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Menlo Park mom talks about expanded parental leave policy

 

Following a landmark week when both San Francisco and the state of New York passed laws to broaden paid parental leave, at least one Menlo Park mother will be taking advantage of her own company's newly broadened parental leave policy.

Gail Mohr, who lives in Menlo Park and works at Bank of America as a regional executive in community engagement and corporate social responsibility, said timing worked in her favor when the company announced its own expanded parental leave policy on March 30.

Her third child is due in a couple of weeks, she said, so she was "relieved" when Bank of America announced that paid parental leave would be broadened to a flexible 16-week paid leave period, up from 12 weeks.

As has been oft-repeated in recent weeks, the U.S. is the only developed country in the world that doesn't mandate paid family leave. California is one of now four states that does have some paid leave policies, though. The state can cover 55 percent of an employee's wages for up to six weeks, funded through an employee payroll deduction program, with capped payouts.

San Francisco, on April 5, became the first U.S. city to pass a measure requiring employers to give workers six weeks of fully paid parental leave; and New York, on March 31, became the fourth state to offer some form of paid parental leave to residents.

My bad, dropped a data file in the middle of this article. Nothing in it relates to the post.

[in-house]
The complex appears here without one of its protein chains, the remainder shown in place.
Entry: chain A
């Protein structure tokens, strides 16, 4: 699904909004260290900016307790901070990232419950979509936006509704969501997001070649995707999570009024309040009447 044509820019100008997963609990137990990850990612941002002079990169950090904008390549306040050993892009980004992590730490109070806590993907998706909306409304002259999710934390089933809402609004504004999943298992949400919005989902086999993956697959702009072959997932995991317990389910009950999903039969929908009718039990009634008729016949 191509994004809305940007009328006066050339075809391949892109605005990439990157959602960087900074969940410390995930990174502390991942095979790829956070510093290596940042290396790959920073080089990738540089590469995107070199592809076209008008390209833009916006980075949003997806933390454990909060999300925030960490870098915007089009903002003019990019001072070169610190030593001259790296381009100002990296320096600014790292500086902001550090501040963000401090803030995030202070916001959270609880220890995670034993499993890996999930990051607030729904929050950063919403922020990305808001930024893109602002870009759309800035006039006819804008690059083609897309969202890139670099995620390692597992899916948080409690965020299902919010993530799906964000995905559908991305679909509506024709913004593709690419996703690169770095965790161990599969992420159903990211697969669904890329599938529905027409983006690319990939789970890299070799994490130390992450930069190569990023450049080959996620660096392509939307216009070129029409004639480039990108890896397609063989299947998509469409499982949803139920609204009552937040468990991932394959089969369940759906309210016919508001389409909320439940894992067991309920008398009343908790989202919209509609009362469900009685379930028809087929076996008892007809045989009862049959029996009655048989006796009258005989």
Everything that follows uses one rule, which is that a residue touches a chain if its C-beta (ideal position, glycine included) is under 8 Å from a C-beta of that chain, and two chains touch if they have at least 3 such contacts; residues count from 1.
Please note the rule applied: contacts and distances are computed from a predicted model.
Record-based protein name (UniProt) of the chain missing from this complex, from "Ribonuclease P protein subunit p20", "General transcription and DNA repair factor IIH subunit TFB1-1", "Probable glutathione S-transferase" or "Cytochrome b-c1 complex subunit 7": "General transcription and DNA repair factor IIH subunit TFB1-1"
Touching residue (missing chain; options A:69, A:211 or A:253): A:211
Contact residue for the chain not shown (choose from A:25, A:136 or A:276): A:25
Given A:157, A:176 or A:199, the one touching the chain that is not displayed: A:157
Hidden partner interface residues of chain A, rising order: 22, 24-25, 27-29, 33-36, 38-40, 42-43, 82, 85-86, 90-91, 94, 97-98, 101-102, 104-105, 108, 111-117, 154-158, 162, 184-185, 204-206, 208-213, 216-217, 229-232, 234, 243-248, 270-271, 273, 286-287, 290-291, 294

As a new mother, even 12 weeks felt short to Ms. Mohr after her first two kids were born, she said. With her first child, she took off an additional month or so of unpaid leave before returning to work, and with her second, she returned at the 12-week mark, but said it was a challenge to do so.

"I'm thrilled that this time around, it'll be part of my plan ahead of time," she said.

She plans to use her full time in one chunk, but said other colleagues, both men and women, might choose to break up their leave time.

Sixteen weeks of flexible, paid parental leave is on the list of employee benefits at a growing number of companies, especially in the tech sector, including Facebook, Etsy, Netflix and Spotify, said Bank of America officials.

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